Fumduckery and Gender Roles
It was around 9 on Tuesday morning, and we’d already had our fair share of fumduckery for the day. However, Asher had gotten the John Deere started and we were moving on; trying to get organized for a big workday. One of the primary projects was the building of our fourth hoophouse, and that had to start by moving our hoophouse hardware from the barn to the new site by the road. As the hoops, purlins and other various metals were already palleted, the natural choice was to use the Bobcat to load them onto a wagon, and pull them all down in one run.
Kelly got the Bobcat, Asher brought the trailer around, and we gathered to make some decisions. I walked up on Kelly and Ed conversing as Asher maneuvered the trailer in ways not easily understandable. “I feel like he should park further up there,” she said, pointing slightly up the hill. I missed the beginning and end of her point, and more-or-less disregarded it.
“It doesn’t really matter where he parks. Do you want to drive?”
Though Kelly – our most experienced Bobcat driver to date – was the default choice for Bobcat operation, I had a feeling the task would make her a bit nervous, and seized the opportunity.
“Well, it does make me a little nervous.. why, do you?”
“… I feel like you really want to.”
I made a move for the ‘Cat as Kelly picked up one of the hoop sections on the first pallet, eyeing it suspiciously. “Is this going to be too heavy of a load?”
“Nah,” I replied, “those things are light.”
“I don’t know man; this thing can’t handle that much weight…”
I got in, roared the engine, and maneuvered the forks under the pallet. On my first lift, I felt my back tires lifting slightly as the Bobcat rocked forward. My adrenal gland kicked a bit of juice into my system.
“It’s too heavy; we should get some weight off!” Yelled Kelly over the ‘Cat’s roar.
“Nah!” I waved her off. I knew if I kept it smooth and avoided any sudden or rocking movements, we would have the weight to get it loaded with no problems. I made a slow and steady move toward the wagon, carefully finessing the lift pedals and drive handles. As I inched toward the wagon, I gently lifted my forks as the ‘Cat hit a slight downhill slope – a dangerous cumulation of factors.
I lifted the forks higher and the ‘Cat bucked suddenly forward onto the forks, thrusting me out of the seat. My foot slipped out of the cab, and caught between the frame and the forks as they slammed down. The pallet rolled into the rear tire of the wagon as I absolutely lost composure, finally coming to a stop after seconds that had seemed like eternity.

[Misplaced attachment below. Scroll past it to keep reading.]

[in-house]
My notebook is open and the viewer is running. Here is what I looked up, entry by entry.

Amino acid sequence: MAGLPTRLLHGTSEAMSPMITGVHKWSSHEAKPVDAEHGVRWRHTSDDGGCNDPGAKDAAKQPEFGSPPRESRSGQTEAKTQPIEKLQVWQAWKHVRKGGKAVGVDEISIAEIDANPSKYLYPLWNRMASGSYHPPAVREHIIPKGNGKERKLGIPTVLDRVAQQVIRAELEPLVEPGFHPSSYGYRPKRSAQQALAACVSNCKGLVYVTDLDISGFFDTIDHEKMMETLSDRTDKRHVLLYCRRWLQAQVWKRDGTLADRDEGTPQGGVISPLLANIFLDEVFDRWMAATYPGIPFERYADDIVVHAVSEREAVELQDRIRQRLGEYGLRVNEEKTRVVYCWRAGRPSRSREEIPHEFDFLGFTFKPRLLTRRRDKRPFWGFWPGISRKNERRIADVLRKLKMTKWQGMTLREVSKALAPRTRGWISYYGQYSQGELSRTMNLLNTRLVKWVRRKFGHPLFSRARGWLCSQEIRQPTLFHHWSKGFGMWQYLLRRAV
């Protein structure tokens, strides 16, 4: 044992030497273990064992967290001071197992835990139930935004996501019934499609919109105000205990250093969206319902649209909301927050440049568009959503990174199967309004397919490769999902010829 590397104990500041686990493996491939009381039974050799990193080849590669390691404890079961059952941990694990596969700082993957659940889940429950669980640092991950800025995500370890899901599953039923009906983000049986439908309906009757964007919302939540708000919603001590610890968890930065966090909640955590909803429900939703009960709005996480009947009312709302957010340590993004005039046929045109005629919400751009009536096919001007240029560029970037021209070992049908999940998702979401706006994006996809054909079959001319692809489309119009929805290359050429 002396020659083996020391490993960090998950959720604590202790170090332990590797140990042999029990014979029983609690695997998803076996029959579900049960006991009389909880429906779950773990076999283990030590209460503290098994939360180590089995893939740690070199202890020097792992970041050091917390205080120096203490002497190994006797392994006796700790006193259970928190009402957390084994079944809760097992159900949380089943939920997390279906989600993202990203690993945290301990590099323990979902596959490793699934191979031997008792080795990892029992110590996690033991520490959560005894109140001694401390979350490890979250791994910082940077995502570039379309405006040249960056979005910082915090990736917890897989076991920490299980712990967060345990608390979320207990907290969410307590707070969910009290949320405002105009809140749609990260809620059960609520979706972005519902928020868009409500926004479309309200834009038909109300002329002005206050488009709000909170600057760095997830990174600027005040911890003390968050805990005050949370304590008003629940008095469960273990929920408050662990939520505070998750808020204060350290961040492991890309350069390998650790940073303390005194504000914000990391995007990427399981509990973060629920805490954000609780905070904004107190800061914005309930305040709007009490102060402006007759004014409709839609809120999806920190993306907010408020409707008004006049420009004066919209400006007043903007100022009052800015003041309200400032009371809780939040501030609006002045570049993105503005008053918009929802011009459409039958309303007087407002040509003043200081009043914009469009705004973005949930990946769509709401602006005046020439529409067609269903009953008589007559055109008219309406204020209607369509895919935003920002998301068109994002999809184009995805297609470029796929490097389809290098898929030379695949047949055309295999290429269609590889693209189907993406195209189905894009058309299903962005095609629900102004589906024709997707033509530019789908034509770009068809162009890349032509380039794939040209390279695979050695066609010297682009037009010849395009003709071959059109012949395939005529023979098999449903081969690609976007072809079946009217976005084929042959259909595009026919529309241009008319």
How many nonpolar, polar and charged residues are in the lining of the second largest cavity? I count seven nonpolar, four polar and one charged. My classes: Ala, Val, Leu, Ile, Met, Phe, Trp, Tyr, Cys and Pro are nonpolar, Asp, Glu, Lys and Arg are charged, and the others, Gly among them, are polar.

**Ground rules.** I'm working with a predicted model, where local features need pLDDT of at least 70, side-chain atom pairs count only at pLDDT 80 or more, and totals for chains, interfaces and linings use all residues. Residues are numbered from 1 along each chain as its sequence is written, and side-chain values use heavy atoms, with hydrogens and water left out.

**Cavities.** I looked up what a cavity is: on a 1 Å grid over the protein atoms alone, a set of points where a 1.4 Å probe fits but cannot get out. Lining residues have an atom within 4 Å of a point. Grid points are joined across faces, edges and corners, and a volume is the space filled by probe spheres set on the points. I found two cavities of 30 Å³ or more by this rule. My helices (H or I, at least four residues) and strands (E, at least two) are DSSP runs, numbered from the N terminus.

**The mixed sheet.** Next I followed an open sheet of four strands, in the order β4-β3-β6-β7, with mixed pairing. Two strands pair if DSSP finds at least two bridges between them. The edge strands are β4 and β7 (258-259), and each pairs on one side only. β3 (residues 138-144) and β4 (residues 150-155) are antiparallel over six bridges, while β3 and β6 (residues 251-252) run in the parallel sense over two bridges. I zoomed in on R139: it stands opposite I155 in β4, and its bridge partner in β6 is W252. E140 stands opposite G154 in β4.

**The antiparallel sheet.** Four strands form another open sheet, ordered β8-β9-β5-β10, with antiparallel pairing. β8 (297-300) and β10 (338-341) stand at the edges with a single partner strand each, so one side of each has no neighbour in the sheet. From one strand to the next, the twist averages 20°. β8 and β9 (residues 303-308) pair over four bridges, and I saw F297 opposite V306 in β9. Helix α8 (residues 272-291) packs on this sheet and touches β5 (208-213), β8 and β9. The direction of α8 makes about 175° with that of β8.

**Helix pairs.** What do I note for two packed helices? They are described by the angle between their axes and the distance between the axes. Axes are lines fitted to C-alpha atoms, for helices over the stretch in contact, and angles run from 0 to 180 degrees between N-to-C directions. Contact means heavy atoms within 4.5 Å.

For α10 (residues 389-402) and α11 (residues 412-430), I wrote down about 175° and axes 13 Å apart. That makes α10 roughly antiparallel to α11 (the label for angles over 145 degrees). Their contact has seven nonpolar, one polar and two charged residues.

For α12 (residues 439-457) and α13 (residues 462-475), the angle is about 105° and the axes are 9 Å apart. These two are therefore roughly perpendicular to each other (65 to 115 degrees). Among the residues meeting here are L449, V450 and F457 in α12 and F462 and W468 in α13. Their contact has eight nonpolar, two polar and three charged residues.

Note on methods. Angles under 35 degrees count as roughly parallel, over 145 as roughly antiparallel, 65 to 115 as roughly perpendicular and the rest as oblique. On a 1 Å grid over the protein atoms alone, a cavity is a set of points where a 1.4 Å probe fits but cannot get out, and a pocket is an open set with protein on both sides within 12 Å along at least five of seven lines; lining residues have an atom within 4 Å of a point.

I eyed my foot in disbelief– ankle twisted in its trap. Nothing felt shattered. Kelly stared wide-eyed as I yanked it out, leveraging all my inner resources to maintain my outer cool. “Is your foot okay?” After confirming that it was, she walked away disgustedly as Asher, Ed and I pulled hoop pieces off the pallet to lighten the load. I instructed Asher to pull the wagon up where Kelly had originally suggested.
I finished the job safely and slowly, but inside I was deeply rattled. But for the particulars of the fork design, my foot and ankle would have been crushed. In the momentary loss of control, had I pushed my weight against the drive levers, the back of the wagon would have been crushed. I was dumbfounded as I maneuvered the rest of the pallets onto the wagon. Having experienced more than my share of close calls while farming, I knew that I’d lucked out yet again.
I finished up and shut down the ‘Cat. By now, Danny and David had arrived and Kelly had abandoned, leaving a group of men. “Guys, I want to make an announcement.
“Kelly was right. Everything she said was right. She should have been driving the Bobcat; Asher should have parked up there, uphill, like she said; and we should have taken some weight off that pallet. I just want you guys to all know that we should have listened to her.”
“Maybe you should tell her that,” suggested David wisely.
And I did. I told her exactly that she was right; I was wrong and I should have listened. I was going to learn from my mistake. She was gracious and appreciative.
I worked alone for the rest of the morning, gloomily reflecting. Why did it play out like it did? Some of it I chalked up to factors innocuous. I love driving stuff in hairy situations. I just do. It’s the bit of juvenile adrenaline junkie left over from my childhood and teens. Conversely, Kelly generally airs on the overcautious side. It’s the friend-mom in her left over from her childhood and teens. The two opposing forces just meet sometimes in interesting ways.
But there’s more to it than that. Had it been Oren or Logan on the other side, I’d certainly have appeased, and had it been Ed, David or Danny, I’d certainly have listened closely and given careful consideration. But it was a woman. My cultural default kicked in, telling me that I was the superior driver, and that she probably didn’t know what she was talking about in matters regarding weight, equipment and spatial logistics.
And that sucks. It’s a hard truth, that one. These assumptions are baked in, and they are harmful. They’re harmful and degrading — in our society, in our workplaces, and, yes, even at Rising Sand Organics. I have talked to numerous members about the ramifications of these sexist patterns, and I know they require lots of continuous work. This was a reminder that I have lots of work left to do in this regard. I’m thankful for another cheap lesson.